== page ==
It’s a good idea to keep any property or asset-related tax records for as long as you can. At a minimum, you’ll need real estate, business, and stock asset records for as long as you own the asset, then for up to three years after you sell it. Insurance companies and creditors may need you to hold onto documents for even longer than the IRS does, so check with them before discarding anything.

Read more: Gains and losses: What will be taxed and what can I claim?

You’ll also need to permanently keep financial documents for any year you didn’t file a return, or years you might have filed a fraudulent return; for example, if you were a victim of tax-based identity theft. In these two cases — absent and fraudulent returns — the IRS has no time limit on audits.

What should be included in tax records?

Your saved records should include both the tax returns themselves and any paperwork you used to file taxes that prove the income, credits, or deductions you claimed. For most people this means, at a minimum:

  • Tax return forms (federal and state)
  • Wage statement forms, usually W-2s or 1099s
  • Receipts for any deductible expenses
  • Healthcare coverage documentation for you and any dependents (in case you need to show the IRS proof of coverage)
  • Records of retirement fund contributions
  • And any other documents relevant to tax filings, like acknowledgments of charitable donations or investment appreciation

Read more: Understanding tax credits, deductions, and adjustments

Why keep your tax records?

Having tax records on-hand is a good idea if you need to provide proof of income for non-tax reasons, which we all do at some point. Applications for loans, mortgages, income-sensitive healthcare plans, and student financial aid (for yourself or a dependent) require you to verify earnings in current or previous years.

Old documents are also a safety measure in case the IRS has questions or you need to file an amended tax return. Federal and state returns have a “period of limitations” — a window of time where the IRS can audit and calculate additional taxes you owe, or give you credits, deductions, and refunds you earned but didn’t get.

Read more: What are the chances of being audited?

For federal returns, this window is three years, but individual states may have longer periods. The IRS recommends you keep your records, just in case, until both periods of limitations run out.

Tips for storing tax documents

Saving these records can be tricky; you need an electronic backup system so you can share documents as necessary, but with enough security to protect your identity and financial info from anyone you don’t want to access it.

Organize your records

If you already have an organizational method that works for you, stick with it. Otherwise, it’s helpful to sort documents both by year and by type (income, expenses, retirement, healthcare, etc.). Your goal is to keep everything in the same place so you can find it quickly if the need arises.

Scan electronic versions of paper documents

You might have a mix of paper and digital records. Many companies still send correspondence by old-fashioned snail mail — most of my 1099s come to my mailbox in paper form, and my new health insurer sends all its documents via post.

While you can keep paper files and save them in a secure spot (like a locked desk drawer), it’s smart to have digital backups in case the hard copies are lost somehow, and it’s extremely helpful to consolidate everything into the same online system.

Scan and upload any paperwork to an electronic device and add it to your digital files. Use a scanner if you have one, or use a mobile scanning app — Adobe Scan comes highly recommended — if you have a lot of hard copies. A clear photo file of the document should work in a pinch (make sure you get all the essential information in the photo). 

Back up digital files

After you save the files to your computer’s hard drive, back them up to an external flash drive just in case you lose internal storage data. Scammers sometimes infiltrate hard drives and block people’s access to documents, so you’ll want backup copies they can’t reach.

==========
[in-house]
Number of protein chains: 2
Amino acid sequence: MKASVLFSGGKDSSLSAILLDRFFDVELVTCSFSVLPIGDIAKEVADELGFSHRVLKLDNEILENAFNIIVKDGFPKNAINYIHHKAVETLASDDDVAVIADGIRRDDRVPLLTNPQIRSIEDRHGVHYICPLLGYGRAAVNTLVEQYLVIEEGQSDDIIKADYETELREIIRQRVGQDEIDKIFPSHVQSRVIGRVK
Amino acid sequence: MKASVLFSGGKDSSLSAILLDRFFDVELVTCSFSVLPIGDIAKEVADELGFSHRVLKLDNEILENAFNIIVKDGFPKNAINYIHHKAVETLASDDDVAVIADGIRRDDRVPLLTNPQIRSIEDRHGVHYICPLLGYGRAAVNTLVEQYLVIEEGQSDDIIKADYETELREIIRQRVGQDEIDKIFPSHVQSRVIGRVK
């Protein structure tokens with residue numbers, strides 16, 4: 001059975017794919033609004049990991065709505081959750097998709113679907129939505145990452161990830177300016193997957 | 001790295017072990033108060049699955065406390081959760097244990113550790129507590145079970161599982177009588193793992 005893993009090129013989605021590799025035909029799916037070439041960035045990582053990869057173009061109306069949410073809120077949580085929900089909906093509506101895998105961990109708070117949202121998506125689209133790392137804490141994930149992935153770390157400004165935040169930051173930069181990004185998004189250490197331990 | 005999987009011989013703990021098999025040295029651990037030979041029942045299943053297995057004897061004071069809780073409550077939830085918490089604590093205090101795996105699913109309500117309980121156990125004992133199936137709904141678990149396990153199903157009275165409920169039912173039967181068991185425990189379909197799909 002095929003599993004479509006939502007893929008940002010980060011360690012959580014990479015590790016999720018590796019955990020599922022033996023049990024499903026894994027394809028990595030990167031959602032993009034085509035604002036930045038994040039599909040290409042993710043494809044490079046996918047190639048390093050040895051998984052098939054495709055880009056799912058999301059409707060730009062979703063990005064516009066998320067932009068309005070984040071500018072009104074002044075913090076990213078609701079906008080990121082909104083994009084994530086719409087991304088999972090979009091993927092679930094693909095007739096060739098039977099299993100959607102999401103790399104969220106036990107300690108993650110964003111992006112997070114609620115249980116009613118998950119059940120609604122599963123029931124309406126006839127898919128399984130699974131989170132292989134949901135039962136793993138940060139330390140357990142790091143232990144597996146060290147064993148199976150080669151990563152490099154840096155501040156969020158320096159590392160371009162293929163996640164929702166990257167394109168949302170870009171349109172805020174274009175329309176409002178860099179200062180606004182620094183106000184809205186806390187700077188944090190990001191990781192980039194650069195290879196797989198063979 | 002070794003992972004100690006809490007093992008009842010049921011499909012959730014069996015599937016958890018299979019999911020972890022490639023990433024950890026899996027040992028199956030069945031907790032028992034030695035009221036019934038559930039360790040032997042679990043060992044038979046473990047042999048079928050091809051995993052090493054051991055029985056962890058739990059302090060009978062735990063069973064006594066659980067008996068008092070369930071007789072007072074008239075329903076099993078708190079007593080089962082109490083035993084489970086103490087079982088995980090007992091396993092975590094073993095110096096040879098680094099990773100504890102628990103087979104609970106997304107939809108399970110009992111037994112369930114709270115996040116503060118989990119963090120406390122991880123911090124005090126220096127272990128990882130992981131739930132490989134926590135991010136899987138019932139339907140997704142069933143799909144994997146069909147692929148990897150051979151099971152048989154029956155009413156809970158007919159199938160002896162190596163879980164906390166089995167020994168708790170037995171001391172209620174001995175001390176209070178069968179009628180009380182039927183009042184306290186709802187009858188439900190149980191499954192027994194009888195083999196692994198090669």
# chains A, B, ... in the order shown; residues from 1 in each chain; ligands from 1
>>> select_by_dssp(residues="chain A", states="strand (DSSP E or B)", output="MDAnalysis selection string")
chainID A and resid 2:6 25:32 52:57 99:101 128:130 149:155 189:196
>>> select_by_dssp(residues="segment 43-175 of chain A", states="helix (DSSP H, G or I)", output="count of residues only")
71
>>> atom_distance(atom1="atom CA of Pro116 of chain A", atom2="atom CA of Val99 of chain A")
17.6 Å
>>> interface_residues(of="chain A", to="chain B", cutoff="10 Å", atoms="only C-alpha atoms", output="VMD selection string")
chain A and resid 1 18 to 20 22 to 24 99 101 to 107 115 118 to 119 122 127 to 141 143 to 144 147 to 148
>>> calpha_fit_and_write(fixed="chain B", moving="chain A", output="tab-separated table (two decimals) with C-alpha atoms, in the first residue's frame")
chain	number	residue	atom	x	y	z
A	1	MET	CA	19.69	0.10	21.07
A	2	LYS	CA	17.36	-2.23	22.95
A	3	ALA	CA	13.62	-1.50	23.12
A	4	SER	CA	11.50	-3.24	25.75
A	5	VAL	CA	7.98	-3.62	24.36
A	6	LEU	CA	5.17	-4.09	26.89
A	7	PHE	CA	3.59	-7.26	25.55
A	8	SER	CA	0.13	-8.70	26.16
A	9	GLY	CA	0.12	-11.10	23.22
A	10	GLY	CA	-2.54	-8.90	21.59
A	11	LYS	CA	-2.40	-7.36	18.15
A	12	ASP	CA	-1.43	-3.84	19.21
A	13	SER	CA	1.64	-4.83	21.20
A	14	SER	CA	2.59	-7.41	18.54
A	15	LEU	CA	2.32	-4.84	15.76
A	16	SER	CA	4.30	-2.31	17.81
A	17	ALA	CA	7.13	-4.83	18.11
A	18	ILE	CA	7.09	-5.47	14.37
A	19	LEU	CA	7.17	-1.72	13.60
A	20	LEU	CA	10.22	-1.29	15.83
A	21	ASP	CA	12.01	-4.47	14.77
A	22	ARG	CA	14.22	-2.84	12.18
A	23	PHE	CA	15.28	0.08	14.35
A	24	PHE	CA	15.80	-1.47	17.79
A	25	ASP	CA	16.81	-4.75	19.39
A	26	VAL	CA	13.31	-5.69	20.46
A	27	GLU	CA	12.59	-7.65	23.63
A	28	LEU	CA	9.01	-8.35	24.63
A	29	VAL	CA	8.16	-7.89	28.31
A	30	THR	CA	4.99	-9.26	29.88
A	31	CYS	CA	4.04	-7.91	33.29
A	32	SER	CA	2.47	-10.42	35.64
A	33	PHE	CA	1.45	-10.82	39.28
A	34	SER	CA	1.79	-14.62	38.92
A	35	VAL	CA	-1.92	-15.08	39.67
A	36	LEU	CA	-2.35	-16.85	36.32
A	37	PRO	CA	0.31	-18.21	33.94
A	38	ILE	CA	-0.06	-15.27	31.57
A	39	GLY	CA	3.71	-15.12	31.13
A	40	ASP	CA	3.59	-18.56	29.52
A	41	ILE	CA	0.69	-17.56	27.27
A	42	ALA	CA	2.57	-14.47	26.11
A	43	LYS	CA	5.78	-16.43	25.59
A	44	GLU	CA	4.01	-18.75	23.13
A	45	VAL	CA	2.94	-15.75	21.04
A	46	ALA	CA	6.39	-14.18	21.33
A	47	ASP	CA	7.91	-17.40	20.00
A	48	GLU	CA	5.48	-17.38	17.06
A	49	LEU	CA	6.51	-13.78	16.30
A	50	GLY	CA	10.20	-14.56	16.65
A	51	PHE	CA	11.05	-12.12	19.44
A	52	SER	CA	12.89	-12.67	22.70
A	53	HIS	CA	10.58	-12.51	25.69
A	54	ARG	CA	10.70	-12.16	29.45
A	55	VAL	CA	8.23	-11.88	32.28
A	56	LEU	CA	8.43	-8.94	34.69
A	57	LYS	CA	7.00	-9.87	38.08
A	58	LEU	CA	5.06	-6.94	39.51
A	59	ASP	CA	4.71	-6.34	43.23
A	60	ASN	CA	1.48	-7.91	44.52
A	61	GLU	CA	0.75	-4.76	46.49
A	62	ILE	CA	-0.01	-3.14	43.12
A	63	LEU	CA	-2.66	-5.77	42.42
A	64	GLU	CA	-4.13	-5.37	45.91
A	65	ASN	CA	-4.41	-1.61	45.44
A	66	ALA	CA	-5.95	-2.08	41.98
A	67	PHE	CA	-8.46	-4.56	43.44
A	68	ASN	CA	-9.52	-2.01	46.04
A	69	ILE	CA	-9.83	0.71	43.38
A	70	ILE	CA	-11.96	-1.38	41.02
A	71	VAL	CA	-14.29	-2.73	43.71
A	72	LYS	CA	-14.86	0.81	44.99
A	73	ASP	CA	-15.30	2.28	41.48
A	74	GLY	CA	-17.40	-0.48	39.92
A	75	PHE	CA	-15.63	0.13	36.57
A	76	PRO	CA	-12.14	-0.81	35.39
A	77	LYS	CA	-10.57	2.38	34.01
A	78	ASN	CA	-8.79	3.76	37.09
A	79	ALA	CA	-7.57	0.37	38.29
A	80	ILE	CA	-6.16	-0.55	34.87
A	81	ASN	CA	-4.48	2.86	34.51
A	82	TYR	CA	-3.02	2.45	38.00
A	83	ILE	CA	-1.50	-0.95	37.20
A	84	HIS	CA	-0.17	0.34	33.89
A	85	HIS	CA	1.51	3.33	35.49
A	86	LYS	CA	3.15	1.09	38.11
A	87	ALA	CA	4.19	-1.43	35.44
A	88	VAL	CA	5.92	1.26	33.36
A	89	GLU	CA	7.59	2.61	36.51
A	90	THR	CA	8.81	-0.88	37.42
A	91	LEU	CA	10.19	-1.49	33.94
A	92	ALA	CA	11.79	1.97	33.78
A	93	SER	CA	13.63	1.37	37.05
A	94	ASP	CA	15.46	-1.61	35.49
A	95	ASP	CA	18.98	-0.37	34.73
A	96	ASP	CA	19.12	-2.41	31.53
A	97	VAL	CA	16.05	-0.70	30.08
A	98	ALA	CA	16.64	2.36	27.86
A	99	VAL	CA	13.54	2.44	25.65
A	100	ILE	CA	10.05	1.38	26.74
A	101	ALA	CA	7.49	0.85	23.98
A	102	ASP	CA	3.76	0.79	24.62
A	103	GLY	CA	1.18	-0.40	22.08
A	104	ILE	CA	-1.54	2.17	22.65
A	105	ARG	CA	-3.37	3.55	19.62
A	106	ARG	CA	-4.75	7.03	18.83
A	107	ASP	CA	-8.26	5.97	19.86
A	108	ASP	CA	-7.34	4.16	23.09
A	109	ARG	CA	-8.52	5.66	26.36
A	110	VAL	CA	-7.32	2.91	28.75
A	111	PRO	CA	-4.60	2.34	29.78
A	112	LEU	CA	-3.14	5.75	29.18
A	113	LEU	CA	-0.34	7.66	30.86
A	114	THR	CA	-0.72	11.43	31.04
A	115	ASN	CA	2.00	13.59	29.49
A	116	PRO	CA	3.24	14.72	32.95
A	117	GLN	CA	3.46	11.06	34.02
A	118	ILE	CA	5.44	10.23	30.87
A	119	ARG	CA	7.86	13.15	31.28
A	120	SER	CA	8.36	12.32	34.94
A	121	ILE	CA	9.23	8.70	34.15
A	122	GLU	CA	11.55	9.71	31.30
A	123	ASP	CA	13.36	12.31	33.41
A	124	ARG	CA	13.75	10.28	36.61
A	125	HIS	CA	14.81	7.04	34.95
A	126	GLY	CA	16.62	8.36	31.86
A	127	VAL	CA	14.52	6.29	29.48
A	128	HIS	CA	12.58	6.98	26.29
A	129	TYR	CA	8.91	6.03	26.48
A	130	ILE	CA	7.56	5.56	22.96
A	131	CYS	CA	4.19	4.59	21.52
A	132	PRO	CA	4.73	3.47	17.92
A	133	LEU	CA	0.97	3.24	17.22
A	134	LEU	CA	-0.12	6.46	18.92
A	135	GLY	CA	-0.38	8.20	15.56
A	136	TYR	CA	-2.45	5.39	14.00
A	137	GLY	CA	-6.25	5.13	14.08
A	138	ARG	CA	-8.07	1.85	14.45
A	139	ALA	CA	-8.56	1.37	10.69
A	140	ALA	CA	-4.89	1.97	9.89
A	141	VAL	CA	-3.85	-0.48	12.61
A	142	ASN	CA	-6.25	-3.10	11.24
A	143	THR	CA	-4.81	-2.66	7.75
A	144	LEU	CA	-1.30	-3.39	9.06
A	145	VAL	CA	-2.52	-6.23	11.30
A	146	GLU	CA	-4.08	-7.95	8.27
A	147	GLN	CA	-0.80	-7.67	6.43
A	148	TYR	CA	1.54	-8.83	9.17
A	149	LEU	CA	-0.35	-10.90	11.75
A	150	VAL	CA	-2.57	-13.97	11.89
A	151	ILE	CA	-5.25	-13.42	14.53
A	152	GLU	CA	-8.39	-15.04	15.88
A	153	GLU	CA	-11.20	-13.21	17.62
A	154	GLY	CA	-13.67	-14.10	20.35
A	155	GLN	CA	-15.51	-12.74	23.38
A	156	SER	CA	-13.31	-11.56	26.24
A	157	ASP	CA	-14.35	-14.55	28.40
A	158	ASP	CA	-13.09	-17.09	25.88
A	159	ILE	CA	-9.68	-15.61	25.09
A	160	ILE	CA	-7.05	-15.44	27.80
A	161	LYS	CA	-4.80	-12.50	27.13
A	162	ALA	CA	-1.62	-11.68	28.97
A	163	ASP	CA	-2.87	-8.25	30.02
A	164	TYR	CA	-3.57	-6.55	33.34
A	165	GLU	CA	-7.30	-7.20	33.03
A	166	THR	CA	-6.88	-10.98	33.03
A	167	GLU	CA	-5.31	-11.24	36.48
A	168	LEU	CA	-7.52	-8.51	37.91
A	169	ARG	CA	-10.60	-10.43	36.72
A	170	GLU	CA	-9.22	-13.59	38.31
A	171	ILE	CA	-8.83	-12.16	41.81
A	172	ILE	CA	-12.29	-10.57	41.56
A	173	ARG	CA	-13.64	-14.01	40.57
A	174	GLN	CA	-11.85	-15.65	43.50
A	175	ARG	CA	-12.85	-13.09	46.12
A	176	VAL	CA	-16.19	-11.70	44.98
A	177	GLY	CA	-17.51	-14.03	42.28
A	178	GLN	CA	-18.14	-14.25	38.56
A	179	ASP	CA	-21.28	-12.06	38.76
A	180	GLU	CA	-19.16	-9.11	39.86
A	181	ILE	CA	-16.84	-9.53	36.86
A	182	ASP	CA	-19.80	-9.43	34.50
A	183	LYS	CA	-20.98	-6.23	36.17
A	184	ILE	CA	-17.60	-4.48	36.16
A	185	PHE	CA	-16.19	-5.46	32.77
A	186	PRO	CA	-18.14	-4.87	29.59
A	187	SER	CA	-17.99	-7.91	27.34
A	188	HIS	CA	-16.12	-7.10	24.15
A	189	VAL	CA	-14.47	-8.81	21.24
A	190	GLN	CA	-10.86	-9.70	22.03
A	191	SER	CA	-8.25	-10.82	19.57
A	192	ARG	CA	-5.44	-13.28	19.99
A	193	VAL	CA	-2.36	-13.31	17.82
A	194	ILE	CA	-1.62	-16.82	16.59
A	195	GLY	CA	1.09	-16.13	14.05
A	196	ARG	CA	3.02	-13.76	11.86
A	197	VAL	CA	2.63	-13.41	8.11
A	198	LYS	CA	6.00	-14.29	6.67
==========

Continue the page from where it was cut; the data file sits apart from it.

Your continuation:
Store the external drive someplace safe, like a locked deposit box. And keep backing up your files periodically as you erase old ones and store new ones.

Keep everything secure

The IRS has some security recommendations, including installing anti-virus and firewall protection software if you haven’t done so already.

They also advise encrypting or password-protecting files with tax records. The process of encryption will depend slightly on the type of document and the software program you’re using; free encryption software tools can help get you started.

Another security trick, if you file taxes with online software, is to enable multi-factor authentication for each account you use. This authentication requires users to prove their ID through at least two steps (such as entering both a password and a code sent to your phone) making it more difficult for scammers to get through. The IRS is now using multi-factor authentication on its own tax site.

A final word from the IRS: they won’t ask you to send them sensitive information online, so if you get an unsolicited email or phone call asking for tax documents, it’s probably not legit.

Read more: 7 signs you’re at risk for identity theft

Use tax software to keep documents organized

Some of the best tax software programs save your info from year to year, so you don’t have to re-enter any stats that haven’t changed. If your income and deductible expenses are mostly the same each year, do yourself a favor and get software that imports your prior tax returns annually — most of the work will be done for you. 

Read more: Best tax software compared

Dispose of old records safely

Once the period of limitation passes, you can delete files from your electronic devices, but keep in mind deleting files doesn’t remove the data from a device permanently.

Paper documents should be shredded so no one comes across your data in the trash or recycling bin. Many UPS stores offer shredding services; so does Office Depot. If you have patience and only a few paper files, a good pair of scissors can sometimes do the job.

The bottom line

Updating and storing your tax records is an ongoing job. The easiest way to get in the habit is to make record storage a mandatory part of your tax season to-do list every year, so you’re getting important tasks out of the way without expending much extra effort. 

Having old tax documents on-hand will make your life easier year-round since these documents are widely accepted ways to prove income and business expenses. And in the unlikely event that you’re hit with an audit, you’ll have evidence to back you up so you don’t pay more than you owe.    

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About the author

Amy Bergen Writer
Total Articles: 99
Amy Bergen is a writer and editor based in Portland, Maine. She's interested in technology, literature, and how the world will change in the future. You can reach Amy on LinkedIn, Twitter, or Facebook.